Professor Mark J. Perry's Blog for Economics and Finance
Posted 10:28 PM Post Link
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Misspelling in the title.
Here's a quick in-head method of converting C to F:C to F: Double C, subtract 10%, add 32.Example: 28 is 28 x 2 (56). Subtract 6 (50). Add 32 (82).
They're also the same at -40.
They are the same only if you round off to the nearest degree.28C = 82.4F16C = 60.8F
Here's a helpful mnemonic for a range of temps in Celsius:Thirty is hotTwenty is niceTen is coolZero is iceOf course, this doesn't cover really hot, like we've had here in Texas this summer (~110 F)!Here's the conversion:(Celsius <-> Fahrenheit)0 <-> 32 10 <-> 50 20 <-> 6830 <-> 86 40 <-> 104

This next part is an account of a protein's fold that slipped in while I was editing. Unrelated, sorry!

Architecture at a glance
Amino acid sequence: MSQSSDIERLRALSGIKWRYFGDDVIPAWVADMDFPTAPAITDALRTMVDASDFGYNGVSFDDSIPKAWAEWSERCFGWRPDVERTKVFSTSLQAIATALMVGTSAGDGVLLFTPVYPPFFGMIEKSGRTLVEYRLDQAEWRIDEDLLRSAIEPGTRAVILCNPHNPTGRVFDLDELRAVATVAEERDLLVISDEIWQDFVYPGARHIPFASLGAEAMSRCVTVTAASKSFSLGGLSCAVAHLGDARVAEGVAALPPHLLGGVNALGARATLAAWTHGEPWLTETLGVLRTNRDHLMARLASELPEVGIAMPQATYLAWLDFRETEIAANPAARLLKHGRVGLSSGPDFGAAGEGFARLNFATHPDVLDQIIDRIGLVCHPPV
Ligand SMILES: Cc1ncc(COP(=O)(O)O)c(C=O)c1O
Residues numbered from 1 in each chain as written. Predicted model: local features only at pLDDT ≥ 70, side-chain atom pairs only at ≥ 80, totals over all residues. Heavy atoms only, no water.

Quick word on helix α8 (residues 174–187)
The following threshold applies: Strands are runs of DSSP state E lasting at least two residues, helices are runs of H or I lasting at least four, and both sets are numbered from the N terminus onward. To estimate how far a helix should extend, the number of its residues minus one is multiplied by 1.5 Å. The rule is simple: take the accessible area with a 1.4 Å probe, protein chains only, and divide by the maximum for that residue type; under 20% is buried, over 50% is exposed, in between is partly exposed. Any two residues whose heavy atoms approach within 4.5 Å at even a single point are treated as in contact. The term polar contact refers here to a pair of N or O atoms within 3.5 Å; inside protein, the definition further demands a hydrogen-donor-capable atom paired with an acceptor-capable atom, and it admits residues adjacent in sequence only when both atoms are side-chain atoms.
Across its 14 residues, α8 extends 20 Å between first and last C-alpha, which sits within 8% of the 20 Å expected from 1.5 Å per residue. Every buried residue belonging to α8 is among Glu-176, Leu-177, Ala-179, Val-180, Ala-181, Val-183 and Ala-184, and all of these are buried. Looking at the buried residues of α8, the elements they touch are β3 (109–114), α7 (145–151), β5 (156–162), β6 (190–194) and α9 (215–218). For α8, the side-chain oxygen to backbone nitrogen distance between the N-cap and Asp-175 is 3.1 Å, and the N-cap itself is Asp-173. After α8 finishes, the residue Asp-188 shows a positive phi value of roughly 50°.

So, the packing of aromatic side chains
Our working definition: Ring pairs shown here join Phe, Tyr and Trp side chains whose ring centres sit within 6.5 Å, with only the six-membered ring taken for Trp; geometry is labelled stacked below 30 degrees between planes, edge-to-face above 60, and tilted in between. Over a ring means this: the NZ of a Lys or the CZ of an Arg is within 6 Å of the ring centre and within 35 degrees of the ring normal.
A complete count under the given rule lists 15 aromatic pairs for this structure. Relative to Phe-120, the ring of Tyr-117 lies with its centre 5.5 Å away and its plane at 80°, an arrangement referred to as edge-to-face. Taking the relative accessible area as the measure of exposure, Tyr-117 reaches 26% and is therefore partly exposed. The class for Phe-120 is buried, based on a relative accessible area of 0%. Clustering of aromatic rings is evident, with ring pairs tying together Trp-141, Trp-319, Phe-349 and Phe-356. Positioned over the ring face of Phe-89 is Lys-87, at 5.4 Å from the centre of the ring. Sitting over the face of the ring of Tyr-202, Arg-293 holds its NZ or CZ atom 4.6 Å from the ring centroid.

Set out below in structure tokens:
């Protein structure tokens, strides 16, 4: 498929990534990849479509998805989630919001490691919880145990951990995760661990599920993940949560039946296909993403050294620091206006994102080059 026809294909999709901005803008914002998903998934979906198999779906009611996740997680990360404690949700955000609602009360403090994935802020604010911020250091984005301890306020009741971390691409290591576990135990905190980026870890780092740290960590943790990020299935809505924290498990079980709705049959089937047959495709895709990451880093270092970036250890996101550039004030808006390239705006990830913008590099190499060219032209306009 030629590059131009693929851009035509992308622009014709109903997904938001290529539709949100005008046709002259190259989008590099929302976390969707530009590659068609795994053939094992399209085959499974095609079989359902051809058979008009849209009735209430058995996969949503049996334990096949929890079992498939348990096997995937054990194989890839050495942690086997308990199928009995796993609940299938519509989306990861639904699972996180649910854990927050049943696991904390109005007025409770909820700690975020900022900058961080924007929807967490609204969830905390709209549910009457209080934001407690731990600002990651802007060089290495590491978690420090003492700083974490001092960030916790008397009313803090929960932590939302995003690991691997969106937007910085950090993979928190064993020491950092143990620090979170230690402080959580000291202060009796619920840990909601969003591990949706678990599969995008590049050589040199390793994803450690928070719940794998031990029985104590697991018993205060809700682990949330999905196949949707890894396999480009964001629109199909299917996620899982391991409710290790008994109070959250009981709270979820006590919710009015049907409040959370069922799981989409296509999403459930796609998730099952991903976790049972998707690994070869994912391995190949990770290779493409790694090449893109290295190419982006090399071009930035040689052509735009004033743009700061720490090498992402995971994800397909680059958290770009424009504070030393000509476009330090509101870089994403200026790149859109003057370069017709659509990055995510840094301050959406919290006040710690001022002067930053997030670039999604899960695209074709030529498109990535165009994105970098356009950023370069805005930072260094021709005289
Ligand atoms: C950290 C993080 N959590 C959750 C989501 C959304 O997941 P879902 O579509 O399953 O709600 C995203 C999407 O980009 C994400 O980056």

@Trey40 is dirty
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Dr. Mark J. Perry is a professor of economics and finance in the School of Management at the Flint campus of the University of Michigan.
Perry holds two graduate degrees in economics (M.A. and Ph.D.) from George Mason University near Washington, D.C. In addition, he holds an MBA degree in finance from the Curtis L. Carlson School of Management at the University of Minnesota. In addition to a faculty appointment at the University of Michigan-Flint, Perry is also a visiting scholar at The American Enterprise Institute in Washington, D.C.
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